This complaint when students are asked to write something in their books even during my small time at schools teaching has made it obvious that students these days feel that writing in a book instead of on a laptop is probably equivalent to how we felt being forced to used library books to research instead of simply using google. But are we losing something when this happens? Looking at my niece and nephews handwriting, they have almost finished primary school and it is still just atrocious, they have homework, but it on an app and not paper. Besides colouring I don’t think I have ever seen them hold a pencil or pen for more than a minute at a time.
I know that this skill most likely will become useless in the future of screens, but I do worry about what will become of us if we can’t even write a paragraph legibly.
Students with disabilities have always been an issue for schools not only in Australia but globally. Many approaches have been taken over the years. Originally many special needs students were either forced to try to fit into mainstream schools or were sent to special schools with teachers specifically trained to deal with these students. Now however inclusion of these students is what many schools are trying to push. Both approaches have their positives and negatives not only for the students but the parents and teachers as well. With the way we teach students and the resources teachers can use expanding every day, hopefully with these resources disabled students will have more of a chance to experience real learning.
Louise Milligan has an interesting perspective on this, as explained in her article, here.
I have always found it fascinating how developed countries around the world can take such a vastly different approaches to education. Some seem to make a vast amount of sense and others just seem to be unable to evolve. The American system of education honestly just seems stupid. I don’t think I have gone a day without reading some article or blog post (secret teacher is one of the most obvious) about how American teachers are becoming so fed up with the system that seems to be just piling more and more responsibilities on the teacher and the students that every lesson is focused towards teaching for the test in the unattainable hopes that this will produce real learning.
In comparison Finland doesn’t start their schooling until the age of 7, they have play and are trusted individuals. But perhaps most importantly they are assessed through observations, check-ins and small quizzes in comparison to standardised tests. One of our fellow bloggers, Kim agrees with this general idea.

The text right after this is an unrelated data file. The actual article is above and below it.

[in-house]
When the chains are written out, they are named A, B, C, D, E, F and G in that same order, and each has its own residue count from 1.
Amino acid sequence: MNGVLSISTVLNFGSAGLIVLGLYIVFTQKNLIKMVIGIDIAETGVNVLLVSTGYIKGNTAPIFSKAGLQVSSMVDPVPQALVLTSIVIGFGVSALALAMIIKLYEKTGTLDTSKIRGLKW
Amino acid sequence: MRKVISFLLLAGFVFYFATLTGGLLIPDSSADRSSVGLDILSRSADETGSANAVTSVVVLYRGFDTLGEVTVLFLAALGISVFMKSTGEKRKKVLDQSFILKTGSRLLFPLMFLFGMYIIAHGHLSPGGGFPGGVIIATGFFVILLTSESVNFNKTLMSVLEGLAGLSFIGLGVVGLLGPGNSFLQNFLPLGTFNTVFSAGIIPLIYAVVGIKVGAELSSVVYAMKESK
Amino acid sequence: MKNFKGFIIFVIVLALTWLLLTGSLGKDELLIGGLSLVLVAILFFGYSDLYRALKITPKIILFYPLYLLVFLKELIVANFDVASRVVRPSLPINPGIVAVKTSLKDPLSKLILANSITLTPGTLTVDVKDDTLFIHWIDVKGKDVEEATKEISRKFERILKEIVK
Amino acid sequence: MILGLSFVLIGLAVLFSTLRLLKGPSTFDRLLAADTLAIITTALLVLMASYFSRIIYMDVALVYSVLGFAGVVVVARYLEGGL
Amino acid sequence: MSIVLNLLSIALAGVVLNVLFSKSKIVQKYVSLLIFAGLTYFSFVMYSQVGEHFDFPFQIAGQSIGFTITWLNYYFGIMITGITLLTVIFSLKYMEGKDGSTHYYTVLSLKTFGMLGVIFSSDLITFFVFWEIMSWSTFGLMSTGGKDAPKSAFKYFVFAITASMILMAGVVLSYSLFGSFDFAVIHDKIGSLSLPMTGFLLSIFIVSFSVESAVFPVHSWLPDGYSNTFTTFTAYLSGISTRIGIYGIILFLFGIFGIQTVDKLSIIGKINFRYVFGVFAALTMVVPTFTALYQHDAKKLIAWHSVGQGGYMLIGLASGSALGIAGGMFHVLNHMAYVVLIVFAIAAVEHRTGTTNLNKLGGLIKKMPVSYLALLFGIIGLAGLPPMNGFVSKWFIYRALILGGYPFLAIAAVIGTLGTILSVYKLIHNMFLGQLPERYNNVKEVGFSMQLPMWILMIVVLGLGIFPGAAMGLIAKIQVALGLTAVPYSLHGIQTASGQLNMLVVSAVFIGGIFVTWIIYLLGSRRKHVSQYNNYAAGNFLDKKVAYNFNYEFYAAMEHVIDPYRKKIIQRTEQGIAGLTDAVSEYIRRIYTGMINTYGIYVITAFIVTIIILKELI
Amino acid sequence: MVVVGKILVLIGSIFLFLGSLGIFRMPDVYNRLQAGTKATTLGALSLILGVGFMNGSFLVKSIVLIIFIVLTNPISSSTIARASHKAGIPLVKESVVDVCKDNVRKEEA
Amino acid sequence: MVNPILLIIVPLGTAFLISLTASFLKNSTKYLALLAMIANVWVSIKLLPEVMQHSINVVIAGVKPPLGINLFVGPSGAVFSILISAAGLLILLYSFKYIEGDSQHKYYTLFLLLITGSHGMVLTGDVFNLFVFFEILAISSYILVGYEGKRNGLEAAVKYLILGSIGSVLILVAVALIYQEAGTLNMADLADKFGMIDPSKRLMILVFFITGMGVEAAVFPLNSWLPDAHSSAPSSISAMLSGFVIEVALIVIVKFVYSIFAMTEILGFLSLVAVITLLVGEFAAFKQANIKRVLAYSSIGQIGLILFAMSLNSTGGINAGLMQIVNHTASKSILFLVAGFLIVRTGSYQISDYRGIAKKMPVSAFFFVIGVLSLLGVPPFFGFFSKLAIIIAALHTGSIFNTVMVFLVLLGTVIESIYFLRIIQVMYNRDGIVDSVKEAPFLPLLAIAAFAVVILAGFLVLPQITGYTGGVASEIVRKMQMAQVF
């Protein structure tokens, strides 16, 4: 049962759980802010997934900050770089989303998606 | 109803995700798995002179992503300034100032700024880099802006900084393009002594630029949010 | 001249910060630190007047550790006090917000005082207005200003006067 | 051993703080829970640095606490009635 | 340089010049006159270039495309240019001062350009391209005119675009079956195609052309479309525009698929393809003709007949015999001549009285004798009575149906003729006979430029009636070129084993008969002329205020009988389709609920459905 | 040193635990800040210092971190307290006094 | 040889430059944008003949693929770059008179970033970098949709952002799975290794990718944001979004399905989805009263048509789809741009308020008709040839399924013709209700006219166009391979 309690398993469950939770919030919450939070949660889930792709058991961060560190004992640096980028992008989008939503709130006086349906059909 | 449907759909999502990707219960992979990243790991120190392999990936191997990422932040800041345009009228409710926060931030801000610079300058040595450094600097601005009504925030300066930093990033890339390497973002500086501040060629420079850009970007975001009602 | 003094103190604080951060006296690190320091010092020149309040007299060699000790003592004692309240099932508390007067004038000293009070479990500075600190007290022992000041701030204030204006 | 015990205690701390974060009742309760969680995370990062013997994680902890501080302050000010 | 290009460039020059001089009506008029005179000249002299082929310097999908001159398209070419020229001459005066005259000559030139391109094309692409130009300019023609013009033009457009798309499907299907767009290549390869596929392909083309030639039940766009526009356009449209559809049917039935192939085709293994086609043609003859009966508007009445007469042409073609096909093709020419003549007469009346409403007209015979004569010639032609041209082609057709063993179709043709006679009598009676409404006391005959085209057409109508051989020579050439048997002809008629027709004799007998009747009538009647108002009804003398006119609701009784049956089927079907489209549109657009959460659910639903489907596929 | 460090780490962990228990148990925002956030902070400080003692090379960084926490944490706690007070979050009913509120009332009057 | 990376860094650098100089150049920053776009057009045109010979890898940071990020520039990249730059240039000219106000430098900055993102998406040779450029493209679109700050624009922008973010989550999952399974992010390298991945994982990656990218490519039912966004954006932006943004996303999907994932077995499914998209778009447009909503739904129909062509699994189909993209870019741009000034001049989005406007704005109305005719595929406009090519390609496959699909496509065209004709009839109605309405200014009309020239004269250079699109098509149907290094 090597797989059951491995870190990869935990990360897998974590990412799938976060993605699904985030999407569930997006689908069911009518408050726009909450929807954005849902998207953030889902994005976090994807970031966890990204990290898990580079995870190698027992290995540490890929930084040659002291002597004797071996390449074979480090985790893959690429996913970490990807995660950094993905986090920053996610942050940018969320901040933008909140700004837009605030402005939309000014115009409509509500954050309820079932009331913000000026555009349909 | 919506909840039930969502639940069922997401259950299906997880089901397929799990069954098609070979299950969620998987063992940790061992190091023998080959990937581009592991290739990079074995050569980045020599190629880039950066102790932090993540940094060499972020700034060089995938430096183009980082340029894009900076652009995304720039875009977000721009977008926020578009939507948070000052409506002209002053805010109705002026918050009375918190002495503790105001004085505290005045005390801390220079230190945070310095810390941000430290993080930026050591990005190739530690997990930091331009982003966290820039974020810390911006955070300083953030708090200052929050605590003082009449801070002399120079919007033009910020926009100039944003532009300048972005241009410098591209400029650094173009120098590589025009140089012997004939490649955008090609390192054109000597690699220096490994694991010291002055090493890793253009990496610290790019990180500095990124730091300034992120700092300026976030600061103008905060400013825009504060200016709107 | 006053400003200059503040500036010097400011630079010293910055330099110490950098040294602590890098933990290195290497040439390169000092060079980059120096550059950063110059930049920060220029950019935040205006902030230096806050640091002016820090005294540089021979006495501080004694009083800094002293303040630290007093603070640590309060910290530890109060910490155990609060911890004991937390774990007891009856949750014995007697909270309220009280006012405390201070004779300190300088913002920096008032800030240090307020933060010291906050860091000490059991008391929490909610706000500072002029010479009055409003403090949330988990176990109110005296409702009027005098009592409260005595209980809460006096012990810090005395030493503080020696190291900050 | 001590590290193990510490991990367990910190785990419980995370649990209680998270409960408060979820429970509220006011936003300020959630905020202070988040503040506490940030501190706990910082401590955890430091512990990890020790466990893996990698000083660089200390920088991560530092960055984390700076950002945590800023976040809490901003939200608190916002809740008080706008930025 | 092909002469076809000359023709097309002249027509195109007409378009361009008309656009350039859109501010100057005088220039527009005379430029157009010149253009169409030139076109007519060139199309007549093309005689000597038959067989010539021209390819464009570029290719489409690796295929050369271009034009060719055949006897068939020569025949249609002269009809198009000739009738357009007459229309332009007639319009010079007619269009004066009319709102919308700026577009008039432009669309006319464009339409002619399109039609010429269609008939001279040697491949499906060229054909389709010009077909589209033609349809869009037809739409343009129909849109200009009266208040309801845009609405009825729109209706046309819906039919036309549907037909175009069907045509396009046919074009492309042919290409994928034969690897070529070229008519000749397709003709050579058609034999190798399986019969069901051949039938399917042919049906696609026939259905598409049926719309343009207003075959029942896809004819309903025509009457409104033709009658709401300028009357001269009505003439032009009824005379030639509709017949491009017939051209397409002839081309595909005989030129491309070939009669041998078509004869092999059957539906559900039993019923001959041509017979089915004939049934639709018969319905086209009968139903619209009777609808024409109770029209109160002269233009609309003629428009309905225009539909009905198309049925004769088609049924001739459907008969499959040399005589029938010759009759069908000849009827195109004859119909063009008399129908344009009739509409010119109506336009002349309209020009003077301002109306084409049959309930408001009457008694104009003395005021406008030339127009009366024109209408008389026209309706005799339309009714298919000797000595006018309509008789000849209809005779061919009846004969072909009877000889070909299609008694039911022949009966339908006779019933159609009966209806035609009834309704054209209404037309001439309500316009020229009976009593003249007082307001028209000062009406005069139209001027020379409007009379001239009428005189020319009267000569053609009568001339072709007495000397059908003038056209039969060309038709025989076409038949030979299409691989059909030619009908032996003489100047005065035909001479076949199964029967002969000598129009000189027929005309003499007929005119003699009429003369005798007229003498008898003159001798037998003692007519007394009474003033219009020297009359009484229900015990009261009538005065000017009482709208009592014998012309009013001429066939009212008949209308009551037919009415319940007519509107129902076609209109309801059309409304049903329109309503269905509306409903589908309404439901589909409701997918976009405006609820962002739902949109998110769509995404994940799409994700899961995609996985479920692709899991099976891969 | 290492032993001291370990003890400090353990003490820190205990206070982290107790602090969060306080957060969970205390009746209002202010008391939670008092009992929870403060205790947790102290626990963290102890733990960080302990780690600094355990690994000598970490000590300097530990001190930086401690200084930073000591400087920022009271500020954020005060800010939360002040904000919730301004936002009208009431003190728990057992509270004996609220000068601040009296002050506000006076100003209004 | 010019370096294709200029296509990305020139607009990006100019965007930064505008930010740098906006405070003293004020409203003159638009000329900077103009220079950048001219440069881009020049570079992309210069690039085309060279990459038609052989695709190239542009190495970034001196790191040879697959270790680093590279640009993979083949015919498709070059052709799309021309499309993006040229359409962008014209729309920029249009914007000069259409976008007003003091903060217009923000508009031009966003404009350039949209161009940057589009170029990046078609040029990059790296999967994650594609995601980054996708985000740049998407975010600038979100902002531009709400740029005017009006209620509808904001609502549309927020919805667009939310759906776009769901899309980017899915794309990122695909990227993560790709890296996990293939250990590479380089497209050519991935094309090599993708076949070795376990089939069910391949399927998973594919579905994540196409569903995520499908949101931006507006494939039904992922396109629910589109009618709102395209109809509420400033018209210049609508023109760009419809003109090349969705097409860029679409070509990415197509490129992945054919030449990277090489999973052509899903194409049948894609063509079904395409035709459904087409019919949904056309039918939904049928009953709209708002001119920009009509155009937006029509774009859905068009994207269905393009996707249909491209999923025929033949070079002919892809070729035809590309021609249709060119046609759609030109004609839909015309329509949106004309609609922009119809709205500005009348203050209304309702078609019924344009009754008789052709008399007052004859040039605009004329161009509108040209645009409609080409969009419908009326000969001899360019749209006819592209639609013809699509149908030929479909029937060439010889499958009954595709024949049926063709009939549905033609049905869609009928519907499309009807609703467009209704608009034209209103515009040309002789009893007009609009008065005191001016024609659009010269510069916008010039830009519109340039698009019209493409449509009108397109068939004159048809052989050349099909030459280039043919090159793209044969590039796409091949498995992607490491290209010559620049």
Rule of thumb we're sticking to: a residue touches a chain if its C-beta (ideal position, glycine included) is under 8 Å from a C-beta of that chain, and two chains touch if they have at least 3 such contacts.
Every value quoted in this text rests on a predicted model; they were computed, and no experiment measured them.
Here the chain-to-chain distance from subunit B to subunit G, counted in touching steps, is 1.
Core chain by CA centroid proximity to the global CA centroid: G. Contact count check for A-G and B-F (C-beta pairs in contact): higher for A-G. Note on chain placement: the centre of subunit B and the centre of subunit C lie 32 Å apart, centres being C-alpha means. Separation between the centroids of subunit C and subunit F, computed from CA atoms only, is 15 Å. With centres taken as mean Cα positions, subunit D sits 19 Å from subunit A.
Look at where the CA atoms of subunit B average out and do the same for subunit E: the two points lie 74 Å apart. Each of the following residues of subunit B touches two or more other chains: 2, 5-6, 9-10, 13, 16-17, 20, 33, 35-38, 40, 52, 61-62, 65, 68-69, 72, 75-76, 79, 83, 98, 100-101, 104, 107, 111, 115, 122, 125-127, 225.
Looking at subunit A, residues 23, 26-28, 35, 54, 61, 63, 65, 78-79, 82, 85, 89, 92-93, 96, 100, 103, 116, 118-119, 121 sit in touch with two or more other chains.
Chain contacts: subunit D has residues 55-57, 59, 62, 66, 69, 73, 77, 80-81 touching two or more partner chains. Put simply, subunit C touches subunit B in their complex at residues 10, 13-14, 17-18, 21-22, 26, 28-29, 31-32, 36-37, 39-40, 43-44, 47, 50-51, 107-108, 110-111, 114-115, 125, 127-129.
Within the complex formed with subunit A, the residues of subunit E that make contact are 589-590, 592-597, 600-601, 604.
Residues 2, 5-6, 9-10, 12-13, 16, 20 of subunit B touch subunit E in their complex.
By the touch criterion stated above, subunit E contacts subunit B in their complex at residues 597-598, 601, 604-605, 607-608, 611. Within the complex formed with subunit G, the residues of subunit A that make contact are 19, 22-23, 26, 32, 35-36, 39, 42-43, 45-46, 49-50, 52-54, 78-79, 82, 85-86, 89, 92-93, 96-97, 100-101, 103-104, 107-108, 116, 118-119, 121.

I have previously written about the fear of being left behind as technology evolves at such a quick pace. I fear that even though I am only 21 I am already beginning to fall behind and the first sign in my case is my reluctance to use hashtags. It was pointed out to me recently that I don’t know how hashtags actually work and I have never actually used one . In a bid to fix this I googled hashtags and their purpose.
Urban Dictionary has given some insight. It is apparently thought that the first hashtag used was #flight1549, it then went viral and the hashtag phenomena was born. Although I now also know that hashtags are basically a google search for peoples opinions, the only problem? Unless the hashtag is trending there are thousands of different hashtags for one subject area.
I think I will stick to google searches but still its nice to know how to use them.
The day my school experience finishes I have a 10 day countdown before I must hand in 4 assignments on the same day. Organisation not being one of my better qualities the stress is already beginning to build. In my bid to not suffer a monumental meltdown during those 10 days I have taken to browsing the web for study tips, which although is a thinly veiled attempt to procrastinate, I have managed to find some interesting websites with some useful suggestions.
- Have countdowns and time limits on tasks
- Have smaller targets to meet for the big tasks
- Learn to say no to social activities
- Block out distractions
To find more helpful hints click here
Although I do feel grateful I don’t have to do math assignments unlike Mr Clancy and that tends to remind me that at least I don’t have to do math.
In Australia the majority of students wear uniforms to school, and secretly I am very jealous of them. Uniforms bind the students together so they are immediately part of a group, but most importantly in my mind they don’t have to worry about what they have to wear, if it fashionable? appropriate? have I worn this top too many times? Perhaps men don’t have to worry about this as much but as a woman it tends to be something I worry about. Sarah takes the view that pre-service teachers should have t-shirts, but honestly I could imagine nothing better than having a teachers uniform for when we become official teachers. Not having to have a separate closest for my work appropriate clothes that i would never wear would be a dream. Early child-care teachers have them, why cant we?